Earlier this year, Oman Air announced that it was planning to join the oneworld alliance, alongside British Airways. This will open up Oman Air for earning and spending Avios, as well as earning British Airways tier points.
Qatar Airways, which already works closely with Oman Air, is acting as sponsor for the application and provide support for the integration.
Adding Oman Air will give oneworld an even stronger position in the Middle East, flying alongside Qatar Airways and Royal Jordanian.
Oman Air currently flies to 50 destinations in 27 countries (Wikipedia data) using a fleet of Boeing 737, Boeing 787 and Airbus A330 aircraft.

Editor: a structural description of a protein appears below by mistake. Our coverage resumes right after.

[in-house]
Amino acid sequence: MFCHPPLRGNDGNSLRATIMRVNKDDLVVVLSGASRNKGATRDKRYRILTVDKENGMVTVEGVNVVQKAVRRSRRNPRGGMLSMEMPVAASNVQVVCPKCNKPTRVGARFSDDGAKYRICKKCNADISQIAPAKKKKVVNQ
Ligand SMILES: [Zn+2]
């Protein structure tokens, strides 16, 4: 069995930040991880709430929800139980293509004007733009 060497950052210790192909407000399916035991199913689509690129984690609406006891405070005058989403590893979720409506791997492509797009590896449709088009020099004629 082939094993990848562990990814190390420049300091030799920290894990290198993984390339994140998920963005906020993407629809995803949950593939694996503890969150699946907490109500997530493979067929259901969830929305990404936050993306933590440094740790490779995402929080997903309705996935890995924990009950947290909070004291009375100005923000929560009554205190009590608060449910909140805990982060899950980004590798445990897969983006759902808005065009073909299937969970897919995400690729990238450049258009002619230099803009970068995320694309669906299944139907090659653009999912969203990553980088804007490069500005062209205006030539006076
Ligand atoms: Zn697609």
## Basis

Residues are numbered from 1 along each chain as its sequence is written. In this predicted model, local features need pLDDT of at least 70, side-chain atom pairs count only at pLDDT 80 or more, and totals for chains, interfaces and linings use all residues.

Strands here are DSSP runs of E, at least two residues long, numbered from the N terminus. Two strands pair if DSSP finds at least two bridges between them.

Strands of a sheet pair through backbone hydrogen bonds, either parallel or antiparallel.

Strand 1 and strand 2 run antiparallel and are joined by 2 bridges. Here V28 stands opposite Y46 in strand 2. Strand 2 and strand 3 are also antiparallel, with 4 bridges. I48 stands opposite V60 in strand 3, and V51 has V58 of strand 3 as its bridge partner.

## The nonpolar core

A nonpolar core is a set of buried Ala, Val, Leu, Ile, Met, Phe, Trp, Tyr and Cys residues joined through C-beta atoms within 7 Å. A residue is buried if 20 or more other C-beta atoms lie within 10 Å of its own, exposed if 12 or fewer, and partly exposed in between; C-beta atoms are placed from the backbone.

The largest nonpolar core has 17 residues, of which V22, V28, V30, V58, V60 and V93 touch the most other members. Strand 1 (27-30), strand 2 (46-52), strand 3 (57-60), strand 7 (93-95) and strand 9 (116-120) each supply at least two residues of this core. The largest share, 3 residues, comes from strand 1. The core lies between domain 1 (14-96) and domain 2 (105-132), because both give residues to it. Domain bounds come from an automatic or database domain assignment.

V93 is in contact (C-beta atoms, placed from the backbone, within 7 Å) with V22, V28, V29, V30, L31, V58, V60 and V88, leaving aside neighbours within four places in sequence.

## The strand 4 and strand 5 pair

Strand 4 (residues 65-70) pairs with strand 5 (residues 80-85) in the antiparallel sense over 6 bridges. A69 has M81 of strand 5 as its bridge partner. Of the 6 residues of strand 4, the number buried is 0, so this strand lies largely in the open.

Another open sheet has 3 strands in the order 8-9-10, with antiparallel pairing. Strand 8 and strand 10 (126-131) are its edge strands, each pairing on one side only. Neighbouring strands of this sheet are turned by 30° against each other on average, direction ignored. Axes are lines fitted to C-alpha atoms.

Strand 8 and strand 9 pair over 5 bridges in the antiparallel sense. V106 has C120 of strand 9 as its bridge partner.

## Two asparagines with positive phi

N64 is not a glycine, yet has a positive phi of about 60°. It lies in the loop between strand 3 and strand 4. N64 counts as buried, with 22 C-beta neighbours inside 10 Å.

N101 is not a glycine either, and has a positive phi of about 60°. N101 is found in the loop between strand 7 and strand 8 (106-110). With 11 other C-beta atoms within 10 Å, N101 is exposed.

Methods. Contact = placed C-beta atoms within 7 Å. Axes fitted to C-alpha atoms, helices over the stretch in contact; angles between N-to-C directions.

I reviewed Oman Air’s First Class Suite in this article and reviewed their Business Class seat in this article. We reviewed the Oman Air Business Class lounge in Muscat here. At Heathrow it uses the Gulf Air lounge in Terminal 4, although this will presumably switch to the Qatar Airways lounges in 2024.
I sat down with Jamal Saif Al Akzi, Regional Vice President Commercial, at World Travel Market earlier this week to find out more.
In the discussion below, paragraphs in brackets have been added by me to give additional insight and should not be attributed to Jamal.
“When can we expect to see Oman Air join the oneworld alliance?”
It’s not easy, said Jamal. Fundamentally, you need to take an IT system which has been designed to work on a standalone basis and integrate it to pull in huge amounts of passenger and network information for partners.